Aristotle's Virtue Ethics

In Bowin John (ed.), A Companion to World Literature. Wiley-Blackwell (2020)
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Abstract

Aristotle, though not the first Greek virtue ethicist, was the first to establish virtue ethics as a distinct philosophical discipline. His exposition of the subject in his Nicomachean Ethics set the terms of subsequent debate in the European and Arabic traditions by proposing a set of plausible assumptions from which virtue ethics should proceed. His conception of human well-being and virtue as well as his brand of ethical naturalism were influential from antiquity through the Middle Ages and continue to be influential today.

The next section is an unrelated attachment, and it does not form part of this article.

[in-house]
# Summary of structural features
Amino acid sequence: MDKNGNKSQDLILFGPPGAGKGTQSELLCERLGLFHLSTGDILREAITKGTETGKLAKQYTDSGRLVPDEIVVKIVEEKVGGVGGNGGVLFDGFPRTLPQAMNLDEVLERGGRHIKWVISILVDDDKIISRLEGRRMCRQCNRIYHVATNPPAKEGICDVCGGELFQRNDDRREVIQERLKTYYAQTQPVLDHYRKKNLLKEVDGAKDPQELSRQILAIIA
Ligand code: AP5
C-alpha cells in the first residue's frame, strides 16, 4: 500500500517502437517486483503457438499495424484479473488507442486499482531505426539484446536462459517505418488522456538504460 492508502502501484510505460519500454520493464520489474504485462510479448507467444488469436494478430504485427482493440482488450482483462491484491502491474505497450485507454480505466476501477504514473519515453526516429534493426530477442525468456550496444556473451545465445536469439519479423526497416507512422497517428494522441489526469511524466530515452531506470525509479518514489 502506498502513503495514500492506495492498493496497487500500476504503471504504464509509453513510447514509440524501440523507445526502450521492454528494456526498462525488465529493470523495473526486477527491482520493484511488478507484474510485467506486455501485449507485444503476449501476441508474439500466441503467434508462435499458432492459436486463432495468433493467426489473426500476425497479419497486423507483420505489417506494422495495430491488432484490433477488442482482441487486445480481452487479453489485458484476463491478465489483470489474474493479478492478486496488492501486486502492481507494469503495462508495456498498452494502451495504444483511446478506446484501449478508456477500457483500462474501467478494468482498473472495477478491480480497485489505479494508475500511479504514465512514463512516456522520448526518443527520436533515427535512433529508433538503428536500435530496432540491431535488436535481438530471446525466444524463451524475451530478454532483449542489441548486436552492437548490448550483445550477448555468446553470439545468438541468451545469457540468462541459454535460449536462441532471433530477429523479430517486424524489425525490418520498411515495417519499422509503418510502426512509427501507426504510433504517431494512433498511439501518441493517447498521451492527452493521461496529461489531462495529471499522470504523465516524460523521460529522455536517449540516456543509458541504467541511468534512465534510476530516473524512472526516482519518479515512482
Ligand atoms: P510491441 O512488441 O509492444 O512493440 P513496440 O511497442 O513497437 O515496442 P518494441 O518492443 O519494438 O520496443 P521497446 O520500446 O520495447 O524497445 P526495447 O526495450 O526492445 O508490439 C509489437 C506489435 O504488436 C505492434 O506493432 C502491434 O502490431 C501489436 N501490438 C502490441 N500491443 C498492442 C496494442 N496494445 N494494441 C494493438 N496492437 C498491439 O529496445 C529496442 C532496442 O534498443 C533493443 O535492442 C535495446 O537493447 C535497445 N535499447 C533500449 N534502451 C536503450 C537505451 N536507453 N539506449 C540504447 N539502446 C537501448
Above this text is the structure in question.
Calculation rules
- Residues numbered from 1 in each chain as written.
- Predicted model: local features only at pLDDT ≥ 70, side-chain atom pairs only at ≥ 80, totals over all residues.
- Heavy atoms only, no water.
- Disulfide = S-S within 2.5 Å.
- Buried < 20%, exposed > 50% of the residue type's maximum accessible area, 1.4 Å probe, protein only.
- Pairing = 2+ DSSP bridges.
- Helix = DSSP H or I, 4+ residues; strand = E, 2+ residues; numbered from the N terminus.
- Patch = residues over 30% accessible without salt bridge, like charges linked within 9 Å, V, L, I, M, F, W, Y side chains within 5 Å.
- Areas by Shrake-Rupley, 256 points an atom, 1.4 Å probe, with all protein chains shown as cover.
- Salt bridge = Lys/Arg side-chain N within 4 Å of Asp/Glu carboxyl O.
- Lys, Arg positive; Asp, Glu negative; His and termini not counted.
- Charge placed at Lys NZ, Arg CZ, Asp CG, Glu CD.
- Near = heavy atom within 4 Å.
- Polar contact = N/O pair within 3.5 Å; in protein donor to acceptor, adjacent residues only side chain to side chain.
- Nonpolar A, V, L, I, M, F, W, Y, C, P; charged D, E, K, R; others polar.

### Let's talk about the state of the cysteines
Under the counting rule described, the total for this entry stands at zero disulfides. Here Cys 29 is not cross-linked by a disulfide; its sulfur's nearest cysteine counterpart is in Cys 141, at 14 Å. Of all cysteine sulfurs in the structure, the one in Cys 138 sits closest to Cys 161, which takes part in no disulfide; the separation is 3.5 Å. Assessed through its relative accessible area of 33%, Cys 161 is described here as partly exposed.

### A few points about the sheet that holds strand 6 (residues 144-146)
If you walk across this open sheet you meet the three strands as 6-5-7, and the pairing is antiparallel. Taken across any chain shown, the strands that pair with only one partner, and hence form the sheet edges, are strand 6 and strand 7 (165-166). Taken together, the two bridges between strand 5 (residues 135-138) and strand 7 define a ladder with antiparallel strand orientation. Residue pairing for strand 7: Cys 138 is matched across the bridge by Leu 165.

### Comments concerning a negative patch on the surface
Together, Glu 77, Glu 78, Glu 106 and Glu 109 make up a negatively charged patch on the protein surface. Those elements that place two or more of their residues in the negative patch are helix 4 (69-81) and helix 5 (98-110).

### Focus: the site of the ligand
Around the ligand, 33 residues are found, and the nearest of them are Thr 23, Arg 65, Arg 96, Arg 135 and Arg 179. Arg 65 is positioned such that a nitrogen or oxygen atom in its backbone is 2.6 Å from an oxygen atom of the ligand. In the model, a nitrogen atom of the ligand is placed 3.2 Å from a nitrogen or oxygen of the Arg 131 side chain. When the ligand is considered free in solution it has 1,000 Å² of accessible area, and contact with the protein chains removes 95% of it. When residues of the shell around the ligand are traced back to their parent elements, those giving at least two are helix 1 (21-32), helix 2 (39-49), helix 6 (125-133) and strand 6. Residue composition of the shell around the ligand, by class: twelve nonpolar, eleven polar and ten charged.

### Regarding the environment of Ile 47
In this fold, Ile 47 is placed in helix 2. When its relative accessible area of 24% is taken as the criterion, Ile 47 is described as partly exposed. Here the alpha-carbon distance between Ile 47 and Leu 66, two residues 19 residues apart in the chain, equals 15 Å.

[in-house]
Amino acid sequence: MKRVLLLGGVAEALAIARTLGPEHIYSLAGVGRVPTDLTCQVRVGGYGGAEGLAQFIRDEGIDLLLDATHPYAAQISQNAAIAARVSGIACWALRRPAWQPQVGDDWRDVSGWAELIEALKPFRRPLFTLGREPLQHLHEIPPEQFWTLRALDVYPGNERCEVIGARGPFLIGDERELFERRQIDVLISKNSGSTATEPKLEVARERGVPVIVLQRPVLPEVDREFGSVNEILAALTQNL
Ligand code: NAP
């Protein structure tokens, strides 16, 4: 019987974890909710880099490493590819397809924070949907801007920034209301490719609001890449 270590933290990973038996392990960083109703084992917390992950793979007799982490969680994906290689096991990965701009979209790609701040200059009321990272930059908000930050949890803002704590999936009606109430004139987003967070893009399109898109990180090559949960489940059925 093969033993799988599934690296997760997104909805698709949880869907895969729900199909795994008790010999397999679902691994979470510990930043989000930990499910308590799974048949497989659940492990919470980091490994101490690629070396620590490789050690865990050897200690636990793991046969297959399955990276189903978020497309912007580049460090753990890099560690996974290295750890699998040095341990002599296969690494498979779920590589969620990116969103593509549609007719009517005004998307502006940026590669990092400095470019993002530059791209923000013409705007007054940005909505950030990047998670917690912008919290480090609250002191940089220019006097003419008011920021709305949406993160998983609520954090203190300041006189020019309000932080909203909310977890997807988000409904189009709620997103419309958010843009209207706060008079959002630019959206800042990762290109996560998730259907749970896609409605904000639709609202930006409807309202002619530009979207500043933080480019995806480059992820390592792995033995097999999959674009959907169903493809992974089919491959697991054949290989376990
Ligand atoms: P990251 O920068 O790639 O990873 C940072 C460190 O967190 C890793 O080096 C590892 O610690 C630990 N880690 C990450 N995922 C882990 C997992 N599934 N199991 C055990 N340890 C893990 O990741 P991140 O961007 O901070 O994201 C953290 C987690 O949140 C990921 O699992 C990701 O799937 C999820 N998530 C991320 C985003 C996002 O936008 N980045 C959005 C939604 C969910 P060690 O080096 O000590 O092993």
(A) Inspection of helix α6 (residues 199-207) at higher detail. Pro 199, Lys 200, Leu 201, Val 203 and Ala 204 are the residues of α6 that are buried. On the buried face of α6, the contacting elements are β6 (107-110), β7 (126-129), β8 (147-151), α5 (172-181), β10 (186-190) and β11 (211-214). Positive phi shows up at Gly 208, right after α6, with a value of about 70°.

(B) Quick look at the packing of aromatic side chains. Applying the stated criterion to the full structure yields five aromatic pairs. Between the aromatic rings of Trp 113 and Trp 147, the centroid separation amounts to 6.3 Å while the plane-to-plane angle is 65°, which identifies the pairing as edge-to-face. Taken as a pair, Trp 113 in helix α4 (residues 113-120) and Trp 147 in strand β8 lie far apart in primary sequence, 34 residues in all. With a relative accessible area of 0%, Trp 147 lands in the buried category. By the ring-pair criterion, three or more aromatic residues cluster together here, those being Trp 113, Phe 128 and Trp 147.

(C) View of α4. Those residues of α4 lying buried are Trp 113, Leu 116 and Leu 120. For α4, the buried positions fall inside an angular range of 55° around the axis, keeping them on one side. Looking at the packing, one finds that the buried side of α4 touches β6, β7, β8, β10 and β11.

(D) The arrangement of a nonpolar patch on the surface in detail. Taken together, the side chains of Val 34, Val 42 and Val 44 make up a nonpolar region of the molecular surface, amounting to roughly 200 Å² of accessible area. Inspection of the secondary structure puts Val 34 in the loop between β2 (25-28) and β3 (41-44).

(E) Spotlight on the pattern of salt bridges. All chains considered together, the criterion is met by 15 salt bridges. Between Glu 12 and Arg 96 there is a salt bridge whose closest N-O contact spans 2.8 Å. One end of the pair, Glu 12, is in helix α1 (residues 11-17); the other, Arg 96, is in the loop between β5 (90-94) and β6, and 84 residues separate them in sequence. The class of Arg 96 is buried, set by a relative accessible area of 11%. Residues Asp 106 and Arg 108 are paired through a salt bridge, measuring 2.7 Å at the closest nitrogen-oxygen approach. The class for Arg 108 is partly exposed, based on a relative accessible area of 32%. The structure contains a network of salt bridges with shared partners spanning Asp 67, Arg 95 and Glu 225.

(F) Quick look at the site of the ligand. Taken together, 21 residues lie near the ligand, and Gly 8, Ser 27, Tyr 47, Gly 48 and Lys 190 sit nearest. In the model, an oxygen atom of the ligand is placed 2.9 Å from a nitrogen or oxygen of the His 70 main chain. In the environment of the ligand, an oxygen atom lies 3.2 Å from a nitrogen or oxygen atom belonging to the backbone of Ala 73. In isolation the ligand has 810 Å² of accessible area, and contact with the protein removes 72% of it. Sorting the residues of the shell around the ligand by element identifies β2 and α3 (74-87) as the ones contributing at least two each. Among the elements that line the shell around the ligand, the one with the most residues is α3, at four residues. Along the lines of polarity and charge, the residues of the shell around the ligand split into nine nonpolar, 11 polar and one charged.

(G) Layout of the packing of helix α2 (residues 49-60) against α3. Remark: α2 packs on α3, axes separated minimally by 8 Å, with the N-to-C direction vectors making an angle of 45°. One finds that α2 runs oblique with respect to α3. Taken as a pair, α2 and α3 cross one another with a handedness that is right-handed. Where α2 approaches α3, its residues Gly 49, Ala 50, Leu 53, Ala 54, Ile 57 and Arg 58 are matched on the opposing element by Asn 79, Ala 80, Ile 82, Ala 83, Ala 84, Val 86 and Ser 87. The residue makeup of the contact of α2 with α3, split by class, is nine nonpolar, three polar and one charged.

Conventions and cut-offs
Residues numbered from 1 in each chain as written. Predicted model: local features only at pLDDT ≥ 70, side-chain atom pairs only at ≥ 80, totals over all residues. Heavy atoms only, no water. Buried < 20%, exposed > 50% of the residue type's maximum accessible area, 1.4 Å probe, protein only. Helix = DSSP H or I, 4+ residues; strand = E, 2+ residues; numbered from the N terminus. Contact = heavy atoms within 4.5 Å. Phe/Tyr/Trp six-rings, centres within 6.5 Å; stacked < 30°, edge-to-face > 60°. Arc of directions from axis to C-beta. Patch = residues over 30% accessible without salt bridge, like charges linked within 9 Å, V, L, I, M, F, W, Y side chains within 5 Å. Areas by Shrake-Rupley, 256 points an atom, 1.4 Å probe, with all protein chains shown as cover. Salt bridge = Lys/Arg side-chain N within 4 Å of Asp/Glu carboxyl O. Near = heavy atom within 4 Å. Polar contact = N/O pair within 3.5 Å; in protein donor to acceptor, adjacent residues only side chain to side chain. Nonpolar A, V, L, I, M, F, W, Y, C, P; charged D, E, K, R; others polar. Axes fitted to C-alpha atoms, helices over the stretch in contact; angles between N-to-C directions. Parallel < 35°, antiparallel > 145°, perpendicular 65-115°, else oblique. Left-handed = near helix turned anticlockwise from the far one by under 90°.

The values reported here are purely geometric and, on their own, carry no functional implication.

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Author's Profile

John Bowin
University of California, Santa Cruz

References found in this work

Utilitarianism.John Stuart Mill - 2022 - New York: W.W. Norton & Company. Edited by Katarzyna de Lazari-Radek & Peter Singer.
Natural goodness.Philippa Foot - 2001 - New York: Oxford University Press.
The Complete Works: The Rev. Oxford Translation.Jonathan Barnes (ed.) - 1984 - Princeton, N.J.: Princeton University Press.
Utilitarianism.John Stuart Mill - 2000 - In Steven M. Cahn (ed.), Exploring Philosophy: An Introductory Anthology. New York, NY, United States of America: Oxford University Press USA.
Natural Goodness.Philippa Foot - 2001 - Tijdschrift Voor Filosofie 64 (3):604-606.

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